Where Do We Stand Today?There have been several advancements in cryopreservation and vitrification technologies in the field of frozen embryos and eggs. Since 1983, scientists have performed many successful freezing, storing, and thawing operations which have led to complete in vitro fertilization (IVF) and healthy pregnancies, with no significant abnormalities in the offspring. Scientists have managed to overcome the basic barrier of harmful ice crystal formation. The invention of cryoprotective agents (CPAs) has made it possible to safely and slowly freeze embryos, or vitrify them with higher concentrations of CPAs while guaranteeing safe thawing later when needed. For now, science offers mature technological solutions to cryopreserve cell lines and small human tissues. The next critical stage is to cryopreserve whole organs successfully.
Organ Revival Among MammalsThe most ambitious goal among cryobiologists is to find a way of extending the methods used with small tissues to complete organs, such as the brain. Cryopreserving a whole brain successfully is the next breakthrough that might change the cryonics game forever. The technique used today involves glutaraldehyde, a disinfectant used to chemically fix the brain during vitrification. Professor Magalhaes from Liverpool University claims that glutaraldehyde’s toxicity can kill off all the vitrified brain cells. Yet, scientists believe that nanorobots could be the solution to save the intoxicated cells during organ revival. Although there have been no recent significant developments in the cryopreservation of human organs, scientists have taken some major steps towards reviving animal organs. The latest news on organ cryopreservation came in July 2005; a team of researchers managed to revive a rabbit kidney that was vitrified at -135°C and then successfully transplant it into a living rabbit. The same team from 21th Century Medicine, a cryobiological research company from California, has also shown evidence that slices of rat and rabbit brains can be vitrified and thawed while sustaining functioning neural responses.
Whole Body Experiments On AnimalsThe bad news is that, to date, no whole mammal has ever been cryopreserved and successfully revived. But the good news is that many attempts have been made to progress towards that goal. For instance, scientists have managed to vitrify dogs and monkeys to non-cryogenic temperatures (below 0°C) by replacing their blood with a protective solution and then rewarming and reviving them successfully. Other teams have managed to cryopreserve and revive Nematode worms in liquid nitrogen. Researchers from Biotime Inc. claim to have cooled down baboons to one degree Celsius and successfully revived them. The team applied the company’s flagship product “Hextend” in these trials. Hextend is a substance approved by the FDA as a blood-volume expander that can maintain blood pressure and chemistry after extensive blood loss. Several studies have tested Hextend in a resurrection-like process. They replace the whole blood supply of animals with the substance, cool it down until the animals are “technically” dead, then warm them up again, recirculate the blood, and bring them back to life. Though the FDA has not yet approved the usage of Hextend in human trials, some scientists are already investigating procedures of cooling down emergency patients to protect their vital cells from damage during surgery.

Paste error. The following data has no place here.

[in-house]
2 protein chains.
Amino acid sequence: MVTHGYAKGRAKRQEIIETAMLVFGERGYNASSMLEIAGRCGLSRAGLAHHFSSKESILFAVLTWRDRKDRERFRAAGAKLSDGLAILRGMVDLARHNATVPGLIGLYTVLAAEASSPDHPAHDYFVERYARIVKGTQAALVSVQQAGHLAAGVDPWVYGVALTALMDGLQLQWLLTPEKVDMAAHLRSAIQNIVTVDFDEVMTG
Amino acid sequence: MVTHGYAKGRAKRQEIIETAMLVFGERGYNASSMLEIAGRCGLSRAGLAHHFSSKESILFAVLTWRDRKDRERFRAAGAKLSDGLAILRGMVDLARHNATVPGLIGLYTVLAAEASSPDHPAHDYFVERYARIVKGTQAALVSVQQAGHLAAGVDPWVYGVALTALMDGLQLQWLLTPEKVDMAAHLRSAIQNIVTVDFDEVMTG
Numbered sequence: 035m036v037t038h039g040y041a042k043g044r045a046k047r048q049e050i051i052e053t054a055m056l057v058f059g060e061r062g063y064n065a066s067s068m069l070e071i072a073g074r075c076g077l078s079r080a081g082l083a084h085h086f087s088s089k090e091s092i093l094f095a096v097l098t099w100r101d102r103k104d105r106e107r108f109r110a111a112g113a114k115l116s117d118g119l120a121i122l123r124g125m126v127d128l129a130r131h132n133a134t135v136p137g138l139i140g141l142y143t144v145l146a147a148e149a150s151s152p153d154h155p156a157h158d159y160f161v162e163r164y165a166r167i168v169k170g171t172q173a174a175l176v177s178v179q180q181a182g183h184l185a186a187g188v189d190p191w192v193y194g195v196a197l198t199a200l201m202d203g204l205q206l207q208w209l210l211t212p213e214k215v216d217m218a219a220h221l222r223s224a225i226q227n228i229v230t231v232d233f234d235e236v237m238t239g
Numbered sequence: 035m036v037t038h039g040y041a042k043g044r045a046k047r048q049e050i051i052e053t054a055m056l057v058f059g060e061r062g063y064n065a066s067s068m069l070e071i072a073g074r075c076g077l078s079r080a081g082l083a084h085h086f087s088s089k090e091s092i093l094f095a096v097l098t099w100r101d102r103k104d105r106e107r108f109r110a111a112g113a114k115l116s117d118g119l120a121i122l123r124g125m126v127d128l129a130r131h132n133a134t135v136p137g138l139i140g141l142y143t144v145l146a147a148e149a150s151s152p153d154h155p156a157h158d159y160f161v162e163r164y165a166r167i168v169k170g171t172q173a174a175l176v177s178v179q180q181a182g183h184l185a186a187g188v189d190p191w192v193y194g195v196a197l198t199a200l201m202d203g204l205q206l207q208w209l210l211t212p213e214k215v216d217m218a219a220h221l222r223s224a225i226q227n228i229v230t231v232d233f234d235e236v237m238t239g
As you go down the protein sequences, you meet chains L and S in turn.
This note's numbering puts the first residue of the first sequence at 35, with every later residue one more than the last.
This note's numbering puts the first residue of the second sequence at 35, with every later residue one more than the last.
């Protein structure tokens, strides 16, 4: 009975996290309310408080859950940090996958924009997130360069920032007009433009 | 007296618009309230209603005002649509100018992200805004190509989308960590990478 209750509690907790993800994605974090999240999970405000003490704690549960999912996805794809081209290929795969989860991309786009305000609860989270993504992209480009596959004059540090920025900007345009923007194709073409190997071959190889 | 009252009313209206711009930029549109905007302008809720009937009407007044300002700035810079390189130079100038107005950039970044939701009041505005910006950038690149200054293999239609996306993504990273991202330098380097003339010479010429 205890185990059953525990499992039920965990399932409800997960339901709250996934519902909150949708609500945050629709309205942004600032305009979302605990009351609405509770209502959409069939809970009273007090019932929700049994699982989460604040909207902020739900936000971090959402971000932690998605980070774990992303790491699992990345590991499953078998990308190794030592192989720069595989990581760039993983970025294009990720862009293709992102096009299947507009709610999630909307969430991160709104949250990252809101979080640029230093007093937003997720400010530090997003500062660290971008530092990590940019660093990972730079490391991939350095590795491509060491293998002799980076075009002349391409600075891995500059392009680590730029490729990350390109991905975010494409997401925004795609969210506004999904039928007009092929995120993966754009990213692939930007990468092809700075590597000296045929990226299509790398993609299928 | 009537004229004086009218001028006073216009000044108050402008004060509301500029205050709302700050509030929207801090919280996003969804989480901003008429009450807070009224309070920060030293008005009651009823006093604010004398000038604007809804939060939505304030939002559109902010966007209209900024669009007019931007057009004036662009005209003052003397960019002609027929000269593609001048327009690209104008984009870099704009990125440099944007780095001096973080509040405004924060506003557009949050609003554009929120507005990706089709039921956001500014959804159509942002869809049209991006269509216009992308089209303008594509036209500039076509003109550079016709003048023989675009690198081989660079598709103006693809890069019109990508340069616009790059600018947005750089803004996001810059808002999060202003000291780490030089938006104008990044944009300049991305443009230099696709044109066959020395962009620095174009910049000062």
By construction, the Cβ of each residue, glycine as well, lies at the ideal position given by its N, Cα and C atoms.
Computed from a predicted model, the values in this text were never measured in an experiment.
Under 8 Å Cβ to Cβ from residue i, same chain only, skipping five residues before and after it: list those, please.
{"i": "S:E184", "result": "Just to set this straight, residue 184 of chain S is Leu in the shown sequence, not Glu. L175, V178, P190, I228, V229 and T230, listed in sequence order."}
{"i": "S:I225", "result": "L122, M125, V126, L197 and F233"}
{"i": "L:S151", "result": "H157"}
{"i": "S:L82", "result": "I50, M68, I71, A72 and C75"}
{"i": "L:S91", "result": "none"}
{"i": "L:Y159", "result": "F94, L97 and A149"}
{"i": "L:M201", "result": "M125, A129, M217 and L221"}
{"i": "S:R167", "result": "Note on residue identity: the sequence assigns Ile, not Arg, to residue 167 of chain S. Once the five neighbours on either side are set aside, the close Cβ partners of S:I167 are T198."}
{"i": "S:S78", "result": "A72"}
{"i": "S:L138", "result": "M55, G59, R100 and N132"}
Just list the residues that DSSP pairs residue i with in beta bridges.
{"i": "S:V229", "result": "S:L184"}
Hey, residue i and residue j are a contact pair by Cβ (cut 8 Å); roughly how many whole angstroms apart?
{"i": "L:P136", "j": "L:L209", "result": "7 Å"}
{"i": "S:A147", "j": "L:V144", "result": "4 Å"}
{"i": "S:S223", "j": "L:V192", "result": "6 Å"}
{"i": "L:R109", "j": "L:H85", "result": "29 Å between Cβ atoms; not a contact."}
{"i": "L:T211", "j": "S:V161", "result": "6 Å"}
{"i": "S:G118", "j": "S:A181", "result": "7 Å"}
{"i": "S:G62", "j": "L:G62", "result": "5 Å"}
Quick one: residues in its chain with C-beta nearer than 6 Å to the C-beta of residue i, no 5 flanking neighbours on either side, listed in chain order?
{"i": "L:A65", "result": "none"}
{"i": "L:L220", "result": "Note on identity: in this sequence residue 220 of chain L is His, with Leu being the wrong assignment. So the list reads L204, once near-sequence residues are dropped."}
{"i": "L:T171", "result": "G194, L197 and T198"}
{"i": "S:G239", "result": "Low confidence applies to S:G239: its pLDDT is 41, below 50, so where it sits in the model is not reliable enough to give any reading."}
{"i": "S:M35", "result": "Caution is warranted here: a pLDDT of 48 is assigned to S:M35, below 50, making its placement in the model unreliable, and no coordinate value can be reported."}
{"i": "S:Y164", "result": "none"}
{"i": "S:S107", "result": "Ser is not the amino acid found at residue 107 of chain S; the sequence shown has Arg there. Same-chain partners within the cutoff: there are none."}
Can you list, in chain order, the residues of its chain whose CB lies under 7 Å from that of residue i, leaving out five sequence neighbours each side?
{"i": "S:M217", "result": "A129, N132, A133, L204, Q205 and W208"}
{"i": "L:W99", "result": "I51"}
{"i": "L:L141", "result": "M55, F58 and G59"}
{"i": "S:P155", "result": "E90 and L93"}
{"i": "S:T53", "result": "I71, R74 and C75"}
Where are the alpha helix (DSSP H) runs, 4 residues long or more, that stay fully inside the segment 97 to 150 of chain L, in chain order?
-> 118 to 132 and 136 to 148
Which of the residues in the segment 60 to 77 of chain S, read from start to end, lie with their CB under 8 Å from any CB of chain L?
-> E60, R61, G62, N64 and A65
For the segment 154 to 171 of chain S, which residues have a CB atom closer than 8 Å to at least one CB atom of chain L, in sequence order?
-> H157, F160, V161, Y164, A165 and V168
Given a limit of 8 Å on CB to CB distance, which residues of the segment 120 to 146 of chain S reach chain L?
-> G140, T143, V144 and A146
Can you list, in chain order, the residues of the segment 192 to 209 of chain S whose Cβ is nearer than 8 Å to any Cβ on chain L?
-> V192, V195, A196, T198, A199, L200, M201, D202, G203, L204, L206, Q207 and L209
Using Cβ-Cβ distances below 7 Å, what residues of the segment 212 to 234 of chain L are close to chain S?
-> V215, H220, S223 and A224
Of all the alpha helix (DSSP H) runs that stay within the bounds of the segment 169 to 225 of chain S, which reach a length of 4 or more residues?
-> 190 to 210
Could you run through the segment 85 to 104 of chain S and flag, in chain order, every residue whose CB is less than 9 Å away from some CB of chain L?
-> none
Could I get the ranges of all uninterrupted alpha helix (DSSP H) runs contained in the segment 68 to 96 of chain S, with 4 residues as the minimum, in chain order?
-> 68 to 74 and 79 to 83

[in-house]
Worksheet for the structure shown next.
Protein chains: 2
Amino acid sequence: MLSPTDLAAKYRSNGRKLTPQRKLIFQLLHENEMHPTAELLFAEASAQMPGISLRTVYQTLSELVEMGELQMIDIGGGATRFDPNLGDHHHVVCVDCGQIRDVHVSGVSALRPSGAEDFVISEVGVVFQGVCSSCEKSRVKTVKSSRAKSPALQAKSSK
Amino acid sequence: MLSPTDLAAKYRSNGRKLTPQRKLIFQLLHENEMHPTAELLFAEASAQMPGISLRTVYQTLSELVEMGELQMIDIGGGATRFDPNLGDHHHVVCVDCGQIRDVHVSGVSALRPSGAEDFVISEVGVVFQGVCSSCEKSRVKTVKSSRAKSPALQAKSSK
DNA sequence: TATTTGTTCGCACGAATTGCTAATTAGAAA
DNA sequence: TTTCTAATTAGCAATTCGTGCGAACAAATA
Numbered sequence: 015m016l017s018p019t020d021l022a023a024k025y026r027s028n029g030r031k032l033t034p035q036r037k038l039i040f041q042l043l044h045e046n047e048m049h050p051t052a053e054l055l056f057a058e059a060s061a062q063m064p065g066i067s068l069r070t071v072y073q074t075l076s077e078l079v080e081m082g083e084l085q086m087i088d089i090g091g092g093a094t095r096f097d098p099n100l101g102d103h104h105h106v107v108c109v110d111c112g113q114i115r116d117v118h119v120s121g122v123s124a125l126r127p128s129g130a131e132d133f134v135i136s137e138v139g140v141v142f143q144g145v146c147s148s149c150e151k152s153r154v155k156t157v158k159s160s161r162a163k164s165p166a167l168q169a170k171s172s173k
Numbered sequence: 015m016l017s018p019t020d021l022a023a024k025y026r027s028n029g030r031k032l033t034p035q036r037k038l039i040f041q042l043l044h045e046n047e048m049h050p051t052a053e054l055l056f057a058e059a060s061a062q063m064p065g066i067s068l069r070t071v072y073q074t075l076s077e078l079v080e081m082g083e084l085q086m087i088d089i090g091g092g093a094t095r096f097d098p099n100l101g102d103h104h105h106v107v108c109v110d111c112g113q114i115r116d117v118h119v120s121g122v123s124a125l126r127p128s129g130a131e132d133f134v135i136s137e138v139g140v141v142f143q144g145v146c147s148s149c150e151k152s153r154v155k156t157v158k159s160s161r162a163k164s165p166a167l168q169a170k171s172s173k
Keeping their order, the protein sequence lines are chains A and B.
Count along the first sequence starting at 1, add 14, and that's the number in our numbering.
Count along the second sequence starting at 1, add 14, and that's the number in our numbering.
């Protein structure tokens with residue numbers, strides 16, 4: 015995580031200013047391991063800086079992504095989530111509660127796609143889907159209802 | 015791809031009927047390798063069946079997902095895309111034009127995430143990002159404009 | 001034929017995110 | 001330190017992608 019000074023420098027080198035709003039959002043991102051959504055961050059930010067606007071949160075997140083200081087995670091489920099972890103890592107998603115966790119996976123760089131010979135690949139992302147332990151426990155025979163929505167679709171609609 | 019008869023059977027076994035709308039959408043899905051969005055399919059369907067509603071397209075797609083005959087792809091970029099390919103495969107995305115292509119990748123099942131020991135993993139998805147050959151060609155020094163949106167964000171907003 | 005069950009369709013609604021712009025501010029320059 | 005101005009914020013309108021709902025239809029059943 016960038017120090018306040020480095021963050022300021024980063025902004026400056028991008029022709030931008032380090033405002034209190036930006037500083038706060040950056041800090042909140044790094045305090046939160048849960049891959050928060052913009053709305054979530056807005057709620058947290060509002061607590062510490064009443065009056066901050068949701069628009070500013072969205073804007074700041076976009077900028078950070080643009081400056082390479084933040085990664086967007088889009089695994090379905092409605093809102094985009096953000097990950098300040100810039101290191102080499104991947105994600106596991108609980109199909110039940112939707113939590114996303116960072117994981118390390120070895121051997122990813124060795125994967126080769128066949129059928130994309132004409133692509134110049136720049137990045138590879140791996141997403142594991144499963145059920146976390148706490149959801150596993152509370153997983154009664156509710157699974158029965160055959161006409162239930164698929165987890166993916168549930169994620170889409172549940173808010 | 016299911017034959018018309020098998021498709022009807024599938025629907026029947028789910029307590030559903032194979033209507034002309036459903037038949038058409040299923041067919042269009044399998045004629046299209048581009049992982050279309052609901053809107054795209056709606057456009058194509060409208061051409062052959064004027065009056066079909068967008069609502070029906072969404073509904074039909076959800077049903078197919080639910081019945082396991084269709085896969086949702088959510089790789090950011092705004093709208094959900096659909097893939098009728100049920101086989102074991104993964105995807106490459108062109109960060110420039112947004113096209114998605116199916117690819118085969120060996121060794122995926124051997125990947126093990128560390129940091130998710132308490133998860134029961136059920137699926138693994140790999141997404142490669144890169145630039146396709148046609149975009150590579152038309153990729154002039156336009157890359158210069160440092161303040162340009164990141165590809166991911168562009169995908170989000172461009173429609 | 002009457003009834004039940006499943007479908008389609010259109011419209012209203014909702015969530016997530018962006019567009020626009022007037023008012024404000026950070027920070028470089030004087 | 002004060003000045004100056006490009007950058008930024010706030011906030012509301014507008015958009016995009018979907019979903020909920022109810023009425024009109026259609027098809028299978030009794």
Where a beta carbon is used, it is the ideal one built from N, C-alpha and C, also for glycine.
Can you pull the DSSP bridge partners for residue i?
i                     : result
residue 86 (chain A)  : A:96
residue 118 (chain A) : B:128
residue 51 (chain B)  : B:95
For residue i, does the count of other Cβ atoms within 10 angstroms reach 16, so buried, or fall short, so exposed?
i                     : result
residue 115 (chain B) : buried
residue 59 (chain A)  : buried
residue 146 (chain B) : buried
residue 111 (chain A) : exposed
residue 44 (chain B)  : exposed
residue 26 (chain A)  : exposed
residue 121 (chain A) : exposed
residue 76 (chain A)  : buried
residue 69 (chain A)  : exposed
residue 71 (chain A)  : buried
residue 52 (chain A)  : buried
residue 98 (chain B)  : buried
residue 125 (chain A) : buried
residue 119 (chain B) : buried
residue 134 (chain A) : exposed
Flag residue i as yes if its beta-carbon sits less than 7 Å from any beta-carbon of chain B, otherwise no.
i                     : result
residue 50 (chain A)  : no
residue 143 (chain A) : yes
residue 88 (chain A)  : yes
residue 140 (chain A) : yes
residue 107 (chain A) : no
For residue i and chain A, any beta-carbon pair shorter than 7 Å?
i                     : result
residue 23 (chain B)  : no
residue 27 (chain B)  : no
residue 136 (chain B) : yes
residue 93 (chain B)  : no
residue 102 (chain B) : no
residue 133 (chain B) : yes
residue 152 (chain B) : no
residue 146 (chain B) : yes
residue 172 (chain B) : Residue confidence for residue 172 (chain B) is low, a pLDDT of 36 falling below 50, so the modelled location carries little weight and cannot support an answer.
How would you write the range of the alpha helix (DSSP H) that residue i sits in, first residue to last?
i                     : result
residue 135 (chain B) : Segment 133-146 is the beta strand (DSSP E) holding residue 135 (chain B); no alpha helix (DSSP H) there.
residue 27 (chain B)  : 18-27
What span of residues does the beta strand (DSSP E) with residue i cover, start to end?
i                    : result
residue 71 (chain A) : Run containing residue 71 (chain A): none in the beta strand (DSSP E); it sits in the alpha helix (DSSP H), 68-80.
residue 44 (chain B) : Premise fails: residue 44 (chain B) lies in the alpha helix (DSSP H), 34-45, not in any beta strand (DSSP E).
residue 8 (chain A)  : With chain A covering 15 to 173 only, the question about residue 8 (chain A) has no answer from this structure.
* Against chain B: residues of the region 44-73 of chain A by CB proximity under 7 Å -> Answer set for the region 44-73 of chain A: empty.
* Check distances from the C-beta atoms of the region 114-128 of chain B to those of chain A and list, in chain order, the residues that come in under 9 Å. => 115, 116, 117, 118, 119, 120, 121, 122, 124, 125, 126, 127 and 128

Conclusion: Will cryogenically frozen people ever be revived?Many critics, such as Professor Caplan from New York University, believe that reviving cryogenically preserved people is “too science-fiction(y)” and “not doable.” If we are going to ask “Will Cryonics work?”, we should remind ourselves that before the 1950s, the scientific community didn’t believe in cardiopulmonary resuscitation. Yet, nowadays, CPR techniques are technically bringing thousands of patients back to life, who have been otherwise historically seen as terminally dead. The research on cryopreservation is taking a step forward each day, and the following are a few of the many reasons why one should believe that science can soon achieve significant breakthroughs in reviving cryopreserved patients:
- Cryopreservation and revival is a successful process in many biological specimens.
- Revival of cells, tissues, and mammal organs is advancing with ongoing ambitious trials.
- The development of cryoprotective agents is not concluded, but instead just starting.
- Nanotechnology research might soon provide examples of nanorobots that can repair cellular damage caused by current vitrification procedures.
- The emerging potentials of 3D bioprinting and stem cell tissue regeneration could lead the path to successful cryopreservation and revival of the human brain.